Ginger can get kind of fluffy and doesn't always sink, so you might want to put that in a small mesh bag or cheesecloth packet if you can.

I love the idea of "fluffy ginger."

CG, did you grate your ginger with a micrograter? When I'm making ginger rice I usesliced and minced ginger to start and then finish with a good amount of very finely grated ginger on top. It seems to me that thinly sliced ginger would suffice for brewing purposes, but I'm far from certain.

Chevette Girl
03-23-2012, 04:04 PM
I love the idea of "fluffy ginger."

CG, did you grate your ginger with a micrograter? When I'm making ginger rice I usesliced and minced ginger to start and then finish with a good amount of very finely grated ginger on top. It seems to me that thinly sliced ginger would suffice for brewing purposes, but I'm far from certain.

That's what I'd thought too, but the times I've used sliced ginger, I didn't end up with anywhere near the extraction I'd hoped for even after leaving it in there for weeks, so now I always grate it (or use frozen ginger cubes that I chopped with the blender). I use a microplane wood rasp (http://www.leevalley.com/US/garden/page.aspx?cat=2,40733,44734&p=32458). Best thing I've found for grating small things without also grating your knuckles...

And the fluffy ginger is fine in tea, but you stand to lose a lot when racking because the stuff just won't compact.

skunkboy
03-23-2012, 08:30 PM
How do I prepare the whole nutmeg & whole allspice? Can I put it in a blender with spring water?

I crush allspice between two soup spoons. Put then in the bowl of the first, set the second on top, and push together. Pop...instant allspice bits... You might want to do it over a bowl the first time...

Chevette Girl
03-25-2012, 01:08 AM
I crush allspice between two soup spoons. Put then in the bowl of the first, set the second on top, and push together. Pop...instant allspice bits... You might want to do it over a bowl the first time...

Heh, that's how I crush campden tablets... never thought to try it with allspice for some reason!

skunkboy
03-25-2012, 11:50 AM
Heh, that's how I crush campden tablets... never thought to try it with allspice for some reason!

I crush a lot of stuff that way, even though I eventually bought a mortar and pestal.

MJJ
03-25-2012, 11:26 PM
I went grocery shopping yesterday & as I walked pass the gadget isle something caught the corner of my eye. It was a Cuisinart coffee grinder for under $20. I bought it. Next stop was the spice isle & got whole allspice & nutmeg. Next stop was fruit & vegges for fresh ginger root & finally off to the vegan isle for whole vanilla bean. I already have cinnamon sticks at home.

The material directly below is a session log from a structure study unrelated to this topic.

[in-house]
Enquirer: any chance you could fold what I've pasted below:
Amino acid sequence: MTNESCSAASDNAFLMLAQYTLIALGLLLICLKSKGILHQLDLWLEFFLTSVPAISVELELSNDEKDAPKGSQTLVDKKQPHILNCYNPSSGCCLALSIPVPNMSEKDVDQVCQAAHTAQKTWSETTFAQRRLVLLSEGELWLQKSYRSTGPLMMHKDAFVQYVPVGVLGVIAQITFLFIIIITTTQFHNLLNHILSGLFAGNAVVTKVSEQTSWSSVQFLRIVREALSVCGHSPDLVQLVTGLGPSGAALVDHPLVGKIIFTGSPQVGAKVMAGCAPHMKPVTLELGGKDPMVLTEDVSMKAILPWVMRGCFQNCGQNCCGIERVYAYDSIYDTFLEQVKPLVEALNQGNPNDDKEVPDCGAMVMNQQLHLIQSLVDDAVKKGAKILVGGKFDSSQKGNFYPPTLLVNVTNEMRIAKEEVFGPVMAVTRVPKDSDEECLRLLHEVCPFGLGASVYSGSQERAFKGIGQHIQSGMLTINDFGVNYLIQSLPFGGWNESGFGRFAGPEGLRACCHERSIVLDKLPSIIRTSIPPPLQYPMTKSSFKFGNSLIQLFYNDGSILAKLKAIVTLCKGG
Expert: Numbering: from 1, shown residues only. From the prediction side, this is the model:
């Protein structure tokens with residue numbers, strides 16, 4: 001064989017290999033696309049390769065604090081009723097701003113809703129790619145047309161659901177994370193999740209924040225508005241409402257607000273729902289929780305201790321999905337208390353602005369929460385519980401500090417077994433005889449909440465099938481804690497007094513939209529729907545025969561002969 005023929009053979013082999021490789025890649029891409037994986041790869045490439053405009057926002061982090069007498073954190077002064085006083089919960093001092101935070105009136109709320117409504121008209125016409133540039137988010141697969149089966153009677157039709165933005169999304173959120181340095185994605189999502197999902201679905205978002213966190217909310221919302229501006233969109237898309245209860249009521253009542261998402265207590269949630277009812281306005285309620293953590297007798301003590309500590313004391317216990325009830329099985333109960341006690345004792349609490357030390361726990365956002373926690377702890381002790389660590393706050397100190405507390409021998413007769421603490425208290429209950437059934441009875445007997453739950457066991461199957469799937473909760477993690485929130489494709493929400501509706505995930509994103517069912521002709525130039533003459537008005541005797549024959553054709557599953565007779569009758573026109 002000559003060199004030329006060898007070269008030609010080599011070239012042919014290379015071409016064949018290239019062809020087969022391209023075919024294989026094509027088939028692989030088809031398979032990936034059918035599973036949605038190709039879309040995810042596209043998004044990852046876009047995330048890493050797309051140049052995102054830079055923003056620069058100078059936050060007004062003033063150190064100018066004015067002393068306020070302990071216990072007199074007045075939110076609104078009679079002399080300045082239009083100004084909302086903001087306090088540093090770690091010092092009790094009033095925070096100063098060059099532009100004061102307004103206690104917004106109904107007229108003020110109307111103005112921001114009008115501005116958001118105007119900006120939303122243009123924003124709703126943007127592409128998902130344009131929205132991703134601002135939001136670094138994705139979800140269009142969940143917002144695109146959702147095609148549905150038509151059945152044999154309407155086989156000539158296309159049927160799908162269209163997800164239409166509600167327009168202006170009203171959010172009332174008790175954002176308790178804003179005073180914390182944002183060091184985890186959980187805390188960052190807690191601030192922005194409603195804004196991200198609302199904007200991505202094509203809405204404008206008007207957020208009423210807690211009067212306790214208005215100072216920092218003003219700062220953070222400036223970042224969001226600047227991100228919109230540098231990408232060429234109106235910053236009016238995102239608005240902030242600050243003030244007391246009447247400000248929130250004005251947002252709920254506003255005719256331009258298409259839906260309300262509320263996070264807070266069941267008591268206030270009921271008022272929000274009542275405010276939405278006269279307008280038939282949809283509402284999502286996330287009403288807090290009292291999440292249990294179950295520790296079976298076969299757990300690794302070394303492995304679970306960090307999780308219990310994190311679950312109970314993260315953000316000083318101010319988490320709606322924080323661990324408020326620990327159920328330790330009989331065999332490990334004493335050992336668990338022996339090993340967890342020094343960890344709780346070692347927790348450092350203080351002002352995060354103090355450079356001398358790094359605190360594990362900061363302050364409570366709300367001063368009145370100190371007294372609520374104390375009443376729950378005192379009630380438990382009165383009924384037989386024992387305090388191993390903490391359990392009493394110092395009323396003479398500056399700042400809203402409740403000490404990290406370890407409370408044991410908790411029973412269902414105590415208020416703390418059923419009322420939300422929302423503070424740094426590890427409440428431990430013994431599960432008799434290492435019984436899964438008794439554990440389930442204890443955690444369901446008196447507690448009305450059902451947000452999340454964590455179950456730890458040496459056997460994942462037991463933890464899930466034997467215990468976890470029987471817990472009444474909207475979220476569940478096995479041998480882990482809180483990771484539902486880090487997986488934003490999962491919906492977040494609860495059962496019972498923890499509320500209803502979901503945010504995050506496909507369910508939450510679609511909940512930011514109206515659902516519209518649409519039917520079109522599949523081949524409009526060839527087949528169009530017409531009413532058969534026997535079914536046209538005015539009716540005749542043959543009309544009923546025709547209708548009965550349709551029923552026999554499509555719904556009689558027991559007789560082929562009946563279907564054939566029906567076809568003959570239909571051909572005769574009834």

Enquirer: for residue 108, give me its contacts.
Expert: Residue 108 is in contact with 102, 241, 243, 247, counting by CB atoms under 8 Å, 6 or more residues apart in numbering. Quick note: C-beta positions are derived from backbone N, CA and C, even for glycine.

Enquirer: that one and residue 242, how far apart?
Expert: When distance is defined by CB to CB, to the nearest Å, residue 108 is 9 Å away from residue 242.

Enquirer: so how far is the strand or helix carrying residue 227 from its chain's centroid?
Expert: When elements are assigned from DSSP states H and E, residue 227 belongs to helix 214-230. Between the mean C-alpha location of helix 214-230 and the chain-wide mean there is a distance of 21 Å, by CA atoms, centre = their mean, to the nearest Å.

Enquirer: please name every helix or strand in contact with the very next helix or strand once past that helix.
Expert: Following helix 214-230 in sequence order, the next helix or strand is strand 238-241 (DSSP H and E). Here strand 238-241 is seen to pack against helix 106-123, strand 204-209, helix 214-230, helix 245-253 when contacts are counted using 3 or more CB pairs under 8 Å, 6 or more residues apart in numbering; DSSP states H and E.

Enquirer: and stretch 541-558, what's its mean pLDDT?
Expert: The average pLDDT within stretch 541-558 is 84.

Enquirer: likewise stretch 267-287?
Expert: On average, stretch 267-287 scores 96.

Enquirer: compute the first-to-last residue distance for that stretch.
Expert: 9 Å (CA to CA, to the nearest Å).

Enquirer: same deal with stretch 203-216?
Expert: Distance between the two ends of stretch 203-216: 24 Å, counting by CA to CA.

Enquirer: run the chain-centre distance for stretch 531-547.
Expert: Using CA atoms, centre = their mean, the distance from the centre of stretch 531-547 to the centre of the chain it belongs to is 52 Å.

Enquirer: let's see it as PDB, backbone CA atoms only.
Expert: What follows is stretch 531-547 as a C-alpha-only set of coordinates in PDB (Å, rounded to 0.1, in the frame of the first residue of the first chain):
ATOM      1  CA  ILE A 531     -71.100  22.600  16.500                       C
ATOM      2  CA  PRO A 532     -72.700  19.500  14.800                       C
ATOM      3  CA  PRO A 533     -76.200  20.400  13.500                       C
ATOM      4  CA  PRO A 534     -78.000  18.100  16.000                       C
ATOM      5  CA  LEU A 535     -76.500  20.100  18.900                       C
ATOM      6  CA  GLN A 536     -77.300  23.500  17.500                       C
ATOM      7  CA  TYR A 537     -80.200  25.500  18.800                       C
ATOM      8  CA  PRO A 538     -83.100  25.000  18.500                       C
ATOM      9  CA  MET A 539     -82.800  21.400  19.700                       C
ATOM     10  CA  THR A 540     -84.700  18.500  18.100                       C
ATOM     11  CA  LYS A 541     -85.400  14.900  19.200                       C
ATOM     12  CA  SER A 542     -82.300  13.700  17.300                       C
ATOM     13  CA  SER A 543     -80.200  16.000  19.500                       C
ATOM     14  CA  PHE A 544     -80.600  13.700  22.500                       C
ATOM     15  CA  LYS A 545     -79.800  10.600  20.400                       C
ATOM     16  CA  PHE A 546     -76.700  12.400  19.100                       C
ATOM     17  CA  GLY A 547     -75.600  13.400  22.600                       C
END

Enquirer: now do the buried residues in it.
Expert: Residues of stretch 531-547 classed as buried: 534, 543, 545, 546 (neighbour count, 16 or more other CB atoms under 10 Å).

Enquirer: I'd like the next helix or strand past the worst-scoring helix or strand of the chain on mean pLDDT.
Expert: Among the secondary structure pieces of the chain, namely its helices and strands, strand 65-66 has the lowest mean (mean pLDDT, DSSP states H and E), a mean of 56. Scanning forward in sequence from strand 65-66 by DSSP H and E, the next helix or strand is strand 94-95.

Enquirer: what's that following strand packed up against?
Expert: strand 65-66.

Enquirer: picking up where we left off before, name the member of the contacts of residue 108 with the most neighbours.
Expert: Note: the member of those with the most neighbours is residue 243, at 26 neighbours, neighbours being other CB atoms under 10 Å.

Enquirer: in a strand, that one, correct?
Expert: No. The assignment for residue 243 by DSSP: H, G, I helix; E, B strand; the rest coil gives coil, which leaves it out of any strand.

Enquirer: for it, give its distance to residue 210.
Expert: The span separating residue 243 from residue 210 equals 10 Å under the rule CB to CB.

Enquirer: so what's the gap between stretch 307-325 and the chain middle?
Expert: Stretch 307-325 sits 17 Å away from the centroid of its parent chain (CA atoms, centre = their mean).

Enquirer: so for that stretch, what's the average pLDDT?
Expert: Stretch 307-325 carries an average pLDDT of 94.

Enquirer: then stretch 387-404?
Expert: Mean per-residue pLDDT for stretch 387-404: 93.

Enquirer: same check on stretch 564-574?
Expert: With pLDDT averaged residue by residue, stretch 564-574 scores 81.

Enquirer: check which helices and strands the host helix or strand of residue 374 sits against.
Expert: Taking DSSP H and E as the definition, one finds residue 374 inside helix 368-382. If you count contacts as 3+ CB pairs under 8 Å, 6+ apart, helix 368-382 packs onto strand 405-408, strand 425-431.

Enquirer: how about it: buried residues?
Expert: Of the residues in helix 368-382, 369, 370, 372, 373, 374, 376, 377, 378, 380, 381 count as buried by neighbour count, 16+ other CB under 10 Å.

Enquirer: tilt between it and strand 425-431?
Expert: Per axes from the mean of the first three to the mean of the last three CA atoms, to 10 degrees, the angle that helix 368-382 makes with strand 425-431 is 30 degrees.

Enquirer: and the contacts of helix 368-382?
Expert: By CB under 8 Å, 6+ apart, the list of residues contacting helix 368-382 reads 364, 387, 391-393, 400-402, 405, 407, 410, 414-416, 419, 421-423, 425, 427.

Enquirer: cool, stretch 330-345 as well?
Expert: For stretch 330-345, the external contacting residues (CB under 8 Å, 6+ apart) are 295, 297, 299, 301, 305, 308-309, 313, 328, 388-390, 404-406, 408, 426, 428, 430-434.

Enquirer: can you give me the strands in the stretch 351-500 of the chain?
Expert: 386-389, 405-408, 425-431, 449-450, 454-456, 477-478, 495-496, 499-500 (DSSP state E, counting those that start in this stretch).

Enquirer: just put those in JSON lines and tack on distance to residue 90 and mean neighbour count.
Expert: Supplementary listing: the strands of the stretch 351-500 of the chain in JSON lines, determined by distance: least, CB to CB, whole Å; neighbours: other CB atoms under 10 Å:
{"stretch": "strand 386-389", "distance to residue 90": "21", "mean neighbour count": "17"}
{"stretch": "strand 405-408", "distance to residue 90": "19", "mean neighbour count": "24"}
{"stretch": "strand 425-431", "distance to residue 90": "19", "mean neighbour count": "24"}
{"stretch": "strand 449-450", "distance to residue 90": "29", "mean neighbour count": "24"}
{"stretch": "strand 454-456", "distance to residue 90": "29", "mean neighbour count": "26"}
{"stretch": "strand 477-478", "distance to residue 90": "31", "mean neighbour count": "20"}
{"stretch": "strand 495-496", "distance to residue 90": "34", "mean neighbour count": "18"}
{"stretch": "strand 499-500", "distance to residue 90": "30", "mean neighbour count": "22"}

That little machine works pretty good. So the must is in a 6 gallon bucket sitting on my table waiting for tomorrow when I pitch the yeast. I decided to play it safe & added Potassium Metabisulfite.

Should I add the Yeast Nutrient & Energizer before or after pitching the Yeast ?

wayneb
03-25-2012, 11:32 PM
I always add yeast nutrients (with the exception of Go-Ferm) after I pitch, and the bulk of the addition happens once lag is over (i.e. once you can see signs of active fermentation). That way, any inorganic nitrogen (DAP) in the nutrient won't stress newly hydrated yeast cells until they're ready for it, and also you don't end up adding nutrients that could benefit spoilage organisms that may have taken hold before your yeast colony grows.

TAKeyser
03-25-2012, 11:34 PM
Should I add the Yeast Nutrient & Energizer before or after pitching the Yeast ?

Your going to want to pitch anything containing DAP after the lag period is over, which is probably both your Energizer and Nutrient.

MJJ
03-26-2012, 12:07 AM
Wow!, Revelation time. I think I now know why my wines & Meads taste like yeast.
Adding Yeast Nutrient & Energizer before pitching the Yeast.

Chevette Girl
03-26-2012, 12:40 AM
Wow!, Revelation time. I think I now know why my wines & Meads taste like yeast.
Adding Yeast Nutrient & Energizer before pitching the Yeast.

It was only in the last year where I started waiting until after lag phase to add nutrients and energizer to my musts, and I don't believe it makes them taste more "yeasty". And age generally takes care of yeasty-tasting musts anyway.

Have fun with your new toy! :) I like mine (Black & Decker), it's just a pain to clean out when you're only using small amounts.

MJJ
03-26-2012, 12:49 AM
It was only in the last year where I started waiting until after lag phase to add nutrients and energizer to my musts, and I don't believe it makes them taste more "yeasty". And age generally takes care of yeasty-tasting musts anyway.

Have fun with your new toy! :) I like mine (Black & Decker), it's just a pain to clean out when you're only using small amounts.



I have to clean it?

Chevette Girl
03-26-2012, 01:58 AM
I have to clean it?

I wipe mine out with a paper towel, I wouldn't necessarily want the cardamon remnants from last batch in the nutmeg I grind next. Although in retrospect I think a can of compressed air would probably work better :p